Its Monday and the new Leopard Legacy film

Well, hello there! I do hope you have had a fabulous weekend and are sitting comfortably ready for this week’s news, courtesy of Will and Lianne Steenkamp.  Will and Lianne have been working in partnership with Robin Pope Safaris up in the Nsefu sector for a few years now, producing the Safari Diaries that you will have seen/watched weekly. During the rainy season, they took off to the desert in Namibia and filmed the desert lions for their award-winning film Vanishing Kings.  Their main focus over the last few years has been the leopard project, studying and patiently filming one specific female leopard, getting to know her and really getting into her life.  A film like this takes time but we have always known that it was going to be incredible.  Let me pass you over to Will and Lianne to hear from them firsthand.

“Most Robin Pope Safaris’ guests have had the privilege to spend some time up in the Nsefu Sector, either at Tena Tena or at Nsefu Camp. It’s a very special part of South Luangwa, and made even more special by a female leopard who you may have heard of, or even come to know.

Back in 2015 she made an impressive first appearance in the main area of the Nsefu sector, by pushing out an older female ‘Hazel Eyes’, who later became known as ‘Kamuti’ in the TV show Africa’s Hunters, for which we were busy filming at the time.

This young female had come from Chimbwe lagoon, and she was not only astonishingly beautiful, she, also boasted confidence and courage, and took over a prime territory in the Stork Colony area where she was to thrive as a hunter. As we got to know her a bit better, we felt the name ‘Olimba’ would suit her, meaning ‘strength’ in the local language. As much as we tried to follow her closely over two seasons for Africa’s Hunters, she lived up to the reputation of her species – elusive and cloaked in mystery. Little did we know what she had in store for us when we returned the following year…

Throughout the years, Robin Pope Safaris had always been a great supporter of our work, and when we partnered up in 2017. It allowed us to make Nsefu Camp our permanent home, from where we could continue with our long term, character-driven wildlife films. Our ultimate goal was to develop an intimate and detailed portrayal of the one leopard we really wanted to follow… Olimba. We knew all too well she was a difficult leopard to keep track of, especially as she covered such a huge area between Chimbwe, the Salt Pan and the Wafwa; so, we were not sure what story she was going to bring us, and if she would give us enough for a strong story at all. But we gave it time. And time was kind to us…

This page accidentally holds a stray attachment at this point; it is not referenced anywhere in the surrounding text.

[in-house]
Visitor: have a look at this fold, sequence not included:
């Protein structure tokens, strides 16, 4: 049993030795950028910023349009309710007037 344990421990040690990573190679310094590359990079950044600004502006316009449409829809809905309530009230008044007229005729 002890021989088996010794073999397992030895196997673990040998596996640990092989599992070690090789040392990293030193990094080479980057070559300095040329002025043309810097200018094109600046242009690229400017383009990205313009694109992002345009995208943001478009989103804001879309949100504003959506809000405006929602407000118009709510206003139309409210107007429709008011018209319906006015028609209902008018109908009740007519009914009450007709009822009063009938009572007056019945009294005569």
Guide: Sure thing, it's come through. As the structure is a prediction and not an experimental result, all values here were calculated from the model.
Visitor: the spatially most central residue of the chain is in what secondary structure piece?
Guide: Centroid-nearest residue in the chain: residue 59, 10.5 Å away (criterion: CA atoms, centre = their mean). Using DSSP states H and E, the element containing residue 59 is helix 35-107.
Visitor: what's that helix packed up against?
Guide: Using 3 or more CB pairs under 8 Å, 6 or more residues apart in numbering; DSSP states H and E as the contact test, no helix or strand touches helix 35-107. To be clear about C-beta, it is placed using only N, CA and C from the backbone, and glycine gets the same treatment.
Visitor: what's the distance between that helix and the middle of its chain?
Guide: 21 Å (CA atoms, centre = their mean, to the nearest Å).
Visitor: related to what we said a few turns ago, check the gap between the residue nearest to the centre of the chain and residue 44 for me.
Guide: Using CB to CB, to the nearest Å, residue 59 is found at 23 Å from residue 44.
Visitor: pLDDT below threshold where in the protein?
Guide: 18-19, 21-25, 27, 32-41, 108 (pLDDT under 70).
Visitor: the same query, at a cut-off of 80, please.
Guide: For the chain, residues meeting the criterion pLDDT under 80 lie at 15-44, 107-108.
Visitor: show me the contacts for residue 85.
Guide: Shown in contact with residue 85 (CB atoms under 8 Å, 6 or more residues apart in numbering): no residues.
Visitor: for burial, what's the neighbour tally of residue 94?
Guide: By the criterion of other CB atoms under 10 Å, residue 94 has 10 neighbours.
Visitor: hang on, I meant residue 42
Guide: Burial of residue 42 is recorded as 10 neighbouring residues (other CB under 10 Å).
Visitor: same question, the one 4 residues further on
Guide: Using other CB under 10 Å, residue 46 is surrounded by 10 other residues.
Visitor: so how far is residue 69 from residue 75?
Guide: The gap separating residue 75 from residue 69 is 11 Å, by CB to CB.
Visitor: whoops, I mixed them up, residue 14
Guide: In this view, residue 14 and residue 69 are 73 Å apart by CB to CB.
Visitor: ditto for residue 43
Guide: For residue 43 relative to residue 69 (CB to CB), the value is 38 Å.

Over three years Olimba showed us what she was made of, and her story became ever more intriguing. In that first year she had a cub who she mostly kept well hidden in the thickets between Chimbwe lagoon and Mamma Mia lagoon; while she excelled at her hunting in the gully of the Stork Colony, which had become her favourite hunting ground. This is also where most of RPS’s guests may have seen her – either sleeping in the gully whilst waiting for prey to come and graze on its edges or walking through the gully as she moved on after a failed hunt. Some may have even been really fortunate to have seen her in action here…

When the rains arrived, we were not able to follow Olimba for nearly five months, as the Nsefu Sector floods during the Emerald Season. But when we returned at the end of the rains, she had a surprise in store for us. Olimba revealed two tiny new-born cubs and allowed us to document both her fragile and courageous side of motherhood, in a most intimate and extraordinary way, and with it, the challenges she faced in having to provide for, and protect her young.

Over time we had come to know her favourite trees and resting spots, her preferred hunting grounds, and generally, the routes she took when on patrol. It allowed us to find her often enough that we were able to capture some of her most fearful, challenging, brave, triumphant and tragic moments, bringing all her trials and tribulations together in a powerful and captivating film. The result is Leopard Legacy, a true story about the survival of one remarkable female leopard in the Luangwa Valley.

Whether you have had the privilege to meet Olimba and some of her cubs, or perhaps any of the other astonishing leopards here – as an RPS guest and supporter having visited the Luangwa Valley, you will, like no other, be able to connect with this heart-warming and compelling story. One that will undoubtedly convince you to come back to the Valley once again, and perhaps give you the chance to meet this leopardess, or any of the other extraordinary spotted cats, that each have a fascinating story to tell…

Leopard Legacy has been selected for National Geographic’s 2021 Big Cat Month and will be shown worldwide. It’s kicking off in a few days’ time – in the UK it will broadcast Leopard Legacy this coming Wednesday, 3 February, at 9pm on Nat Geo Wild. Robin Pope Safaris will also keep you posted on broadcast dates through their social media and you can also follow us on Instagram (@leopardlegacy).

We really hope that you enjoy the film and look forward to sharing more of our films with you in the future.  Will & Lianne Steenkamp, Into Nature Productions.”

Wow, thanks so much Will and Lianne! I can vouch that the film is absolutely amazing, so happy watching to you.  Also, in all honesty this gives me nothing else to tell you except to wish you the most wonderful week ahead with plenty of smiles and laughter, be safe and look after one another.

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